27 Public Health and Medical Groups to U.S. Supreme Court: Women Who Suffer Stillbirths Are Not Murderers
Court Urged to Review South Carolina Case That Sets
Twenty-seven organizations consisting of physicians, nurses, counselors, social workers, and public health practitioners have joined together to file an amicus curiae brief today urging the U.S. Supreme Court to review State v. McKnight- a South Carolina case that resulted in the first homicide conviction of a woman for suffering a stillbirth.
"If the Supreme Court does not review and overturn this case, the thousands of women who suffer stillbirths could be charged with murder if some prosecutor disapproves of their behavior -- even legal behavior -- during pregnancy," said Judith Appel, an attorney with Drug Policy Alliance, a national group that represented the amici in their brief to the U.S. Supreme Court.
Regina McKnight suffered a stillbirth in 1999 and was charged with homicide by child abuse after an autopsy revealed cocaine metabolites in the stillborn child's system.
She was convicted and sentenced to 12 years in state prison. Advocates for Ms. McKnight have maintained her innocence, providing extensive medical and scientific evidence that her cocaine use did not cause the stillbirth. In fact, nothing in the record links cocaine use to the stillbirth. Nevertheless, the South Carolina Supreme Court affirmed her conviction in January, and Ms. McKnight is now petitioning the U.S. Supreme Court to hear her case.
South Carolina prosecutors have made clear their intentions to use the McKnight decision to prosecute women even if a legal substance is used. South Carolina ranks dead last in state spending on alcohol and drug abuse programs.
The American Public Health Association, the National Stillbirth Society, the South Carolina Medical Association, the American Nurses Association, and many other organizations (listed below) signed on to this brief out of concern that the McKnight decision will transform health care professionals into law enforcement agents. Doctors and nurses are now being encouraged to notify state authorities if they suspect that their pregnant patients have engaged in any activity that, according to the McKnight standard, is "publicly known" to harm fetuses. This may very well criminalize any potentially harmful prenatal activity that precedes a stillbirth or miscarriage -- from drinking alcohol or inhaling second hand smoke to taking prescription medications or having a cup of coffee.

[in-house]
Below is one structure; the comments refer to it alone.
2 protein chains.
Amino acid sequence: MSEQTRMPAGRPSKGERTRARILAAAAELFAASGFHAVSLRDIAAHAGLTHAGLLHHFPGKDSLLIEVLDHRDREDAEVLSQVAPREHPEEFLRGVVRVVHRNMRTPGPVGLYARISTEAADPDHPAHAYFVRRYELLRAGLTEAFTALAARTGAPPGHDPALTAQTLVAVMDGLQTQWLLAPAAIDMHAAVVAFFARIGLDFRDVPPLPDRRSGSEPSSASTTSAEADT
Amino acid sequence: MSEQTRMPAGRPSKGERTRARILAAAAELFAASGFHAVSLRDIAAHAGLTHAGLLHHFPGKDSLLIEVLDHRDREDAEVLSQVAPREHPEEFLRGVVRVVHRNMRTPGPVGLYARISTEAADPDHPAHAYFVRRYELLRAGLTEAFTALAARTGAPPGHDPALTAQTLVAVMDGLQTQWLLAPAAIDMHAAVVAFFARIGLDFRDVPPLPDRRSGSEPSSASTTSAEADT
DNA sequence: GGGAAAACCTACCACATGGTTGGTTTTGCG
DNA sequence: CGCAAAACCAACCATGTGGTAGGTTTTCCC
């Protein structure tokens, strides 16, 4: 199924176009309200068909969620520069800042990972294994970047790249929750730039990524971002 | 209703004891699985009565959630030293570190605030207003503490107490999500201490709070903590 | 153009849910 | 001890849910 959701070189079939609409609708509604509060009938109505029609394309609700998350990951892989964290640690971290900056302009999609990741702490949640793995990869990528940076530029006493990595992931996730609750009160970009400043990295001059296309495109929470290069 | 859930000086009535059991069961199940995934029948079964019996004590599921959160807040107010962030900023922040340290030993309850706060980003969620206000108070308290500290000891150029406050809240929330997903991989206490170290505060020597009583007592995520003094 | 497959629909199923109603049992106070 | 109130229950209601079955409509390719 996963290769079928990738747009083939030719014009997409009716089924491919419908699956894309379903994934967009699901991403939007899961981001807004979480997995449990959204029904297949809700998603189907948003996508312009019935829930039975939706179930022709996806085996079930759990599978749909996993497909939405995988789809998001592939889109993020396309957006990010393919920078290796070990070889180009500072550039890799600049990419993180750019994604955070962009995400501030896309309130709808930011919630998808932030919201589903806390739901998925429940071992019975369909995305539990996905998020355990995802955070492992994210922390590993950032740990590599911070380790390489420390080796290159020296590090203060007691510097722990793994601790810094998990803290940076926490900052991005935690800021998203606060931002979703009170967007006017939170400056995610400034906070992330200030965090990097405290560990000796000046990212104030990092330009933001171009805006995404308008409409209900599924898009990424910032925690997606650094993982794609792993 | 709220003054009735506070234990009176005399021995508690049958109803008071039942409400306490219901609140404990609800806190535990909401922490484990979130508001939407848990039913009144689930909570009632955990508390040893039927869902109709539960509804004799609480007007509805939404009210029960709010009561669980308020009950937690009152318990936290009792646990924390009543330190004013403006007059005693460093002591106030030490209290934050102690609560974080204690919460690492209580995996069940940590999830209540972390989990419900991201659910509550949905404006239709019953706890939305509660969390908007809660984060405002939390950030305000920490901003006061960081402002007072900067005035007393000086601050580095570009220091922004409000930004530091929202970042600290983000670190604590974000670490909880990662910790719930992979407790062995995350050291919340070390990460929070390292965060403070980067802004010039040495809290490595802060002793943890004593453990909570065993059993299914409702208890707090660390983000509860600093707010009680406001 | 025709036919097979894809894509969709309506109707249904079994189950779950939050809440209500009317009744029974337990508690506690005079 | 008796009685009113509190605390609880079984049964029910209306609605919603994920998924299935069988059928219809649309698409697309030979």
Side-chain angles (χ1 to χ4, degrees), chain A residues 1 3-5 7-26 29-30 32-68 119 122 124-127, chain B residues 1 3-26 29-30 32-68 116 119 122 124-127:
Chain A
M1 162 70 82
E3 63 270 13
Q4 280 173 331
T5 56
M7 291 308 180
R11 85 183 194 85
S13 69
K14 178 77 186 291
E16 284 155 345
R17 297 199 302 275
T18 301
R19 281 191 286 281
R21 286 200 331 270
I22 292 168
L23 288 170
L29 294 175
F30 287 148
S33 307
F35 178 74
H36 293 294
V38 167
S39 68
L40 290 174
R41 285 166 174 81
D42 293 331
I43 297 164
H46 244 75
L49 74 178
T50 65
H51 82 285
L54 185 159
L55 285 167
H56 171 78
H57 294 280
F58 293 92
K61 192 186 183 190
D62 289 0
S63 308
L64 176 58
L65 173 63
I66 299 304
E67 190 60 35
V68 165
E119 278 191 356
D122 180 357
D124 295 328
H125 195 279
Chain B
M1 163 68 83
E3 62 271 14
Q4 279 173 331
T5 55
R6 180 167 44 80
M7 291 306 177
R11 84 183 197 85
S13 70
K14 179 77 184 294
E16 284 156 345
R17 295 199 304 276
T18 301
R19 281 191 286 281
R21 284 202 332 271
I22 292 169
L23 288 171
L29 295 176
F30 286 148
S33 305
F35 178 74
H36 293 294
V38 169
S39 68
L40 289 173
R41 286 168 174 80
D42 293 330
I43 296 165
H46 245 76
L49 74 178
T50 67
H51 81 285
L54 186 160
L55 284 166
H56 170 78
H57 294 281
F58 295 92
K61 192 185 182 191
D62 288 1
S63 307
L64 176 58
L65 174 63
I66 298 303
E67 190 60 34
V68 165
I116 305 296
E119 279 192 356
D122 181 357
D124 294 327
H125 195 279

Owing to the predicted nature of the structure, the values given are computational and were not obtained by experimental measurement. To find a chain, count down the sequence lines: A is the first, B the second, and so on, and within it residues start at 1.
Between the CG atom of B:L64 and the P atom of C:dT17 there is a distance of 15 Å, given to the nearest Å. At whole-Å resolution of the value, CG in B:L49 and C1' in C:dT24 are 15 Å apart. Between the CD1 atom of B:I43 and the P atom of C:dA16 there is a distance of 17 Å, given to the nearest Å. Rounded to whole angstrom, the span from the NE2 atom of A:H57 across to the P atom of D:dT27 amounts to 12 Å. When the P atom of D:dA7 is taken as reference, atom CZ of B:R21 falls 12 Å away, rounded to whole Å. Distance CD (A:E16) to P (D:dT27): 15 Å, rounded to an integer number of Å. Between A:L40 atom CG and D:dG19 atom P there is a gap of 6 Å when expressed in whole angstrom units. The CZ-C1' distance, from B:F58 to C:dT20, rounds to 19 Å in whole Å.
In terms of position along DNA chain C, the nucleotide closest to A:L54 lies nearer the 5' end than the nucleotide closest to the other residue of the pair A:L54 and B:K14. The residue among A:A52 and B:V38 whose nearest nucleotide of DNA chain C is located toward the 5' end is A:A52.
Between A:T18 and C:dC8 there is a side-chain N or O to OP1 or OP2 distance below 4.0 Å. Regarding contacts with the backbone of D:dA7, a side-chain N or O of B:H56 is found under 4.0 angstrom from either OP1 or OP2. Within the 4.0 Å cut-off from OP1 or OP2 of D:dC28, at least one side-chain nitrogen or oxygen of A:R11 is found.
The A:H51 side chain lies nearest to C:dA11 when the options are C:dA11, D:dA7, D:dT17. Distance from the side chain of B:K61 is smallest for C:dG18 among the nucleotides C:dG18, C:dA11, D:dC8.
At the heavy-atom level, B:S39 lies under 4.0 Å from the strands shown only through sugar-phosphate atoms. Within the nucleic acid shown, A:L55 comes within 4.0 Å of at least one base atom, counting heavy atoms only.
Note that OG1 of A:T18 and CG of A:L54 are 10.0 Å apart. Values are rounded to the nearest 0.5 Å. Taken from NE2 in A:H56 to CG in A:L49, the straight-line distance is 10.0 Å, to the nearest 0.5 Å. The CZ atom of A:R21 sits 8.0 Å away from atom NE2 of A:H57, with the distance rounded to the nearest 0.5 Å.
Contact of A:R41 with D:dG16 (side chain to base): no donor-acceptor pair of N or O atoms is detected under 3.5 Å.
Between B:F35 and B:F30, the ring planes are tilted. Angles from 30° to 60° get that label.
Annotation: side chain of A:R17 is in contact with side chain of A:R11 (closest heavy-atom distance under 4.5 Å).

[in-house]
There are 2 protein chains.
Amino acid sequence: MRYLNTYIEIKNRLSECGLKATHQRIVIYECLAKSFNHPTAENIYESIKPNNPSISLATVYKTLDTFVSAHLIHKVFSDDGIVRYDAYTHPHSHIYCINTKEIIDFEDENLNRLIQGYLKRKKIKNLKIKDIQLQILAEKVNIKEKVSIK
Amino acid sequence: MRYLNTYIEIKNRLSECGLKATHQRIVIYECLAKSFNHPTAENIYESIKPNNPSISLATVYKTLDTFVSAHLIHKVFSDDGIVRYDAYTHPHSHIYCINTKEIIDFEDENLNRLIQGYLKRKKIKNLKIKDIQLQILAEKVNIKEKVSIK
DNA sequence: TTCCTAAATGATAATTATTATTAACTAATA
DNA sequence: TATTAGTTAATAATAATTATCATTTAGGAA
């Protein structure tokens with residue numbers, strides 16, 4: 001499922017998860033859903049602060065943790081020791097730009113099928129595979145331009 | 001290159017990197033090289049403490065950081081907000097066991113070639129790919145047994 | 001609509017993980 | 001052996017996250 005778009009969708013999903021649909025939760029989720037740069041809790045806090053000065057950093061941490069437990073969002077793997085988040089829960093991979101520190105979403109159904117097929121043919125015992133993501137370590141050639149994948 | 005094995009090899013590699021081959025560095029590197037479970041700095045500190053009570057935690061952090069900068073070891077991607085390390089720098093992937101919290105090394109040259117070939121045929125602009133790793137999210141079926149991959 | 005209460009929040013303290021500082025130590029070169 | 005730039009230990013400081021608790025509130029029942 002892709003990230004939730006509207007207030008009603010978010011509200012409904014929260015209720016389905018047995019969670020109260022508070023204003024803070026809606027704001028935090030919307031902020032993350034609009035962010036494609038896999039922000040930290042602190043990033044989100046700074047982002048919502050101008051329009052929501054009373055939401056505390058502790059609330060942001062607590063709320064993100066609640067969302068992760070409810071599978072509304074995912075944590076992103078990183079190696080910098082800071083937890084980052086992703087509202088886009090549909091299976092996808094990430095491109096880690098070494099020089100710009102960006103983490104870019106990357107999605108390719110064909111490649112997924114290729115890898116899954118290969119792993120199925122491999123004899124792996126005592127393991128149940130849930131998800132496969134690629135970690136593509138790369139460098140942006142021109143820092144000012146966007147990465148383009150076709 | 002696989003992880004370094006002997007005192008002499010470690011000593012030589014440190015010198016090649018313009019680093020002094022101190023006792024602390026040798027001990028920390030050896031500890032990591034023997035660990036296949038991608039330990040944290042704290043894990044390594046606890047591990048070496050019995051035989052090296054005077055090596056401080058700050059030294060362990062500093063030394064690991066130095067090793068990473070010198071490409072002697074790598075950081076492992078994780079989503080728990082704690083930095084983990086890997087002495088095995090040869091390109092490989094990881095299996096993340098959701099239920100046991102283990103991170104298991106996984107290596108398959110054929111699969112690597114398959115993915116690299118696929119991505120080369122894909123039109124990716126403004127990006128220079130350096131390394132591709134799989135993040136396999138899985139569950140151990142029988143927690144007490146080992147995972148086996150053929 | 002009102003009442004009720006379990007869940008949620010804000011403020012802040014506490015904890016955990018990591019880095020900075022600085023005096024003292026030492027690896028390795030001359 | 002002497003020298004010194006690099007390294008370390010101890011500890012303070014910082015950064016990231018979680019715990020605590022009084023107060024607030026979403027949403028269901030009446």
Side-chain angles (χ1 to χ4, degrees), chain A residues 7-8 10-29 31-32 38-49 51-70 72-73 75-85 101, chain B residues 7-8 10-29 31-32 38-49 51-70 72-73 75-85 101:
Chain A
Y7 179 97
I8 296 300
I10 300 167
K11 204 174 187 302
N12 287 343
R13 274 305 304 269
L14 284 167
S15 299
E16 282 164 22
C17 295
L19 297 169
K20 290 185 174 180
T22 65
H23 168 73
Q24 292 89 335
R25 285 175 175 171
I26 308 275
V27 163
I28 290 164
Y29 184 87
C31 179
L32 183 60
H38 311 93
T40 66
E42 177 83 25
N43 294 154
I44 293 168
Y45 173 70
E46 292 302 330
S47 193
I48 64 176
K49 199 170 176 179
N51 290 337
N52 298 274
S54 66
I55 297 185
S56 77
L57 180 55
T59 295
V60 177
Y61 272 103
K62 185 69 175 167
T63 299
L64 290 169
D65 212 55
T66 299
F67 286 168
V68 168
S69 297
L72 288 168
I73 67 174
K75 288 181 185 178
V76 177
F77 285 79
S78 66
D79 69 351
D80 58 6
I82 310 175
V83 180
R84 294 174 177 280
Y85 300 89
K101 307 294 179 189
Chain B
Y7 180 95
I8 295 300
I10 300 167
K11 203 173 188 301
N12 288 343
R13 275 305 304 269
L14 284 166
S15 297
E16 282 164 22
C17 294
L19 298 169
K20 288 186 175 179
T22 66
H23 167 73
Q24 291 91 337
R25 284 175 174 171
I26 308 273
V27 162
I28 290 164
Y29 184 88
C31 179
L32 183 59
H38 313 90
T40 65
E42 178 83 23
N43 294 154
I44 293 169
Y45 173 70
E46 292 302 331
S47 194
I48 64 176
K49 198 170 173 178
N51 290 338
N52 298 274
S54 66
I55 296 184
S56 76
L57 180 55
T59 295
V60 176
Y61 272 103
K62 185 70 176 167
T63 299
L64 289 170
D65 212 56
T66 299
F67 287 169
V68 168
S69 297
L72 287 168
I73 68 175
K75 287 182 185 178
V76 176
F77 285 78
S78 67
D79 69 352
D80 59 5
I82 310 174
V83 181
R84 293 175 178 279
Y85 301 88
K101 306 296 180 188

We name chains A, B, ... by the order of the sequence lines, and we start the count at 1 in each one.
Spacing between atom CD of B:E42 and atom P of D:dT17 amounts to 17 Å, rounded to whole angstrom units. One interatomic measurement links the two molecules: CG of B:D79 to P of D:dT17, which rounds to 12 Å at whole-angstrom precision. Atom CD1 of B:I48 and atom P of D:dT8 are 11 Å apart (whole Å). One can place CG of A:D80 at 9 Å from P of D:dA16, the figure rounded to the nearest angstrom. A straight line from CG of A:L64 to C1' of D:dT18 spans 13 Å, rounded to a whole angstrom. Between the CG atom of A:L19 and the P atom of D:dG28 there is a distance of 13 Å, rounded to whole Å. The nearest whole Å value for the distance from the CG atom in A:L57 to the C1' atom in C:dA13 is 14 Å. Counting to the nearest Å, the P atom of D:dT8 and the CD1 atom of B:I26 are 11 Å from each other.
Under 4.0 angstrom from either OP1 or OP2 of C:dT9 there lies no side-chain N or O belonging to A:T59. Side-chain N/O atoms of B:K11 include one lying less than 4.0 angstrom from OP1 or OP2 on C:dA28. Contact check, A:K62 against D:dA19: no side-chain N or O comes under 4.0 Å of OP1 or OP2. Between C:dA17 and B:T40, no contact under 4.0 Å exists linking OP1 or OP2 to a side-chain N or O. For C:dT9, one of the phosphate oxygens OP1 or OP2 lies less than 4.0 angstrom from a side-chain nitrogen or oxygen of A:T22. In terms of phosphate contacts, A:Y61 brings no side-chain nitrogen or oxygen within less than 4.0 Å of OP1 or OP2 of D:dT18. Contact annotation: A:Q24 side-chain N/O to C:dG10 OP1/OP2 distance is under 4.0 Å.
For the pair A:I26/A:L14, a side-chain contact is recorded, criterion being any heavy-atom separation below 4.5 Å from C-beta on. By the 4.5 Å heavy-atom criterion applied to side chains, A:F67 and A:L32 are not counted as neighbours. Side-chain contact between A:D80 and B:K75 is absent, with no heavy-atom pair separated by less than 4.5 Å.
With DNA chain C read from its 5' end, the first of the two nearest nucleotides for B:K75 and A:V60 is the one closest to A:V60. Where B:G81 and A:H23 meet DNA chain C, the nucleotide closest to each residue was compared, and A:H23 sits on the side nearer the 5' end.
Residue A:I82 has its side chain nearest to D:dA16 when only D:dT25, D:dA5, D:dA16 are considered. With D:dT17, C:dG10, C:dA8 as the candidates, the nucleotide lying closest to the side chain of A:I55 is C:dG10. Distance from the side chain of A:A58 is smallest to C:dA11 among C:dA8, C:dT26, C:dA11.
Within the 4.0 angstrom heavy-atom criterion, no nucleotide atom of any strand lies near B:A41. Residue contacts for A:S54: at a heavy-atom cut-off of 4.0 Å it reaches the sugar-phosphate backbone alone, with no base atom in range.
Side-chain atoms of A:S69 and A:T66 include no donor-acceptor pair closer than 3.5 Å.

"When doctors are asked to be police, it can actually threaten the health of pregnant women by driving them away from crucial medical care," added Ms. Appel. "This practice violates every protocol for treating both pregnant women and people who have experienced the tragedy of stillbirth."
Drug Policy Alliance is a national organization that promotes alternatives to the War on Drugs.
Groups Submitting Amicus Brief to The U.S. Supreme Court Include:
American Academy of Addiction Psychiatry
American Nurses Association
The American Psychiatric Association
American Public Health Association
American Society of Addiction Medicine
Association of Maternal and Child Health Programs
Association of Reproductive Health Professionals
Black Women's Health Imperative
Citizens for Midwifery
Doctors of the World-USA
Finding Common Ground
Global Lawyers and Physicians
The Hygeia Foundation Inc.
Institute for Health and Recovery
Midwives Alliance of North America
NAADAC-The Association for Addiction Professionals
National Association of Nurse Practitioners in Women's Health
National Association of Social Workers Inc.
National Council on Alcoholism and Drug Dependence
National Stillbirth Society
Physician Leadership on National Drug Policy
Physicians for Reproductive Choice and Health
South Carolina Association of Alcoholism and Drug Abuse Counselors
South Carolina Medical Association
South Carolina Nurses Association
South Carolina Primary Health Care Association
Women's Law Project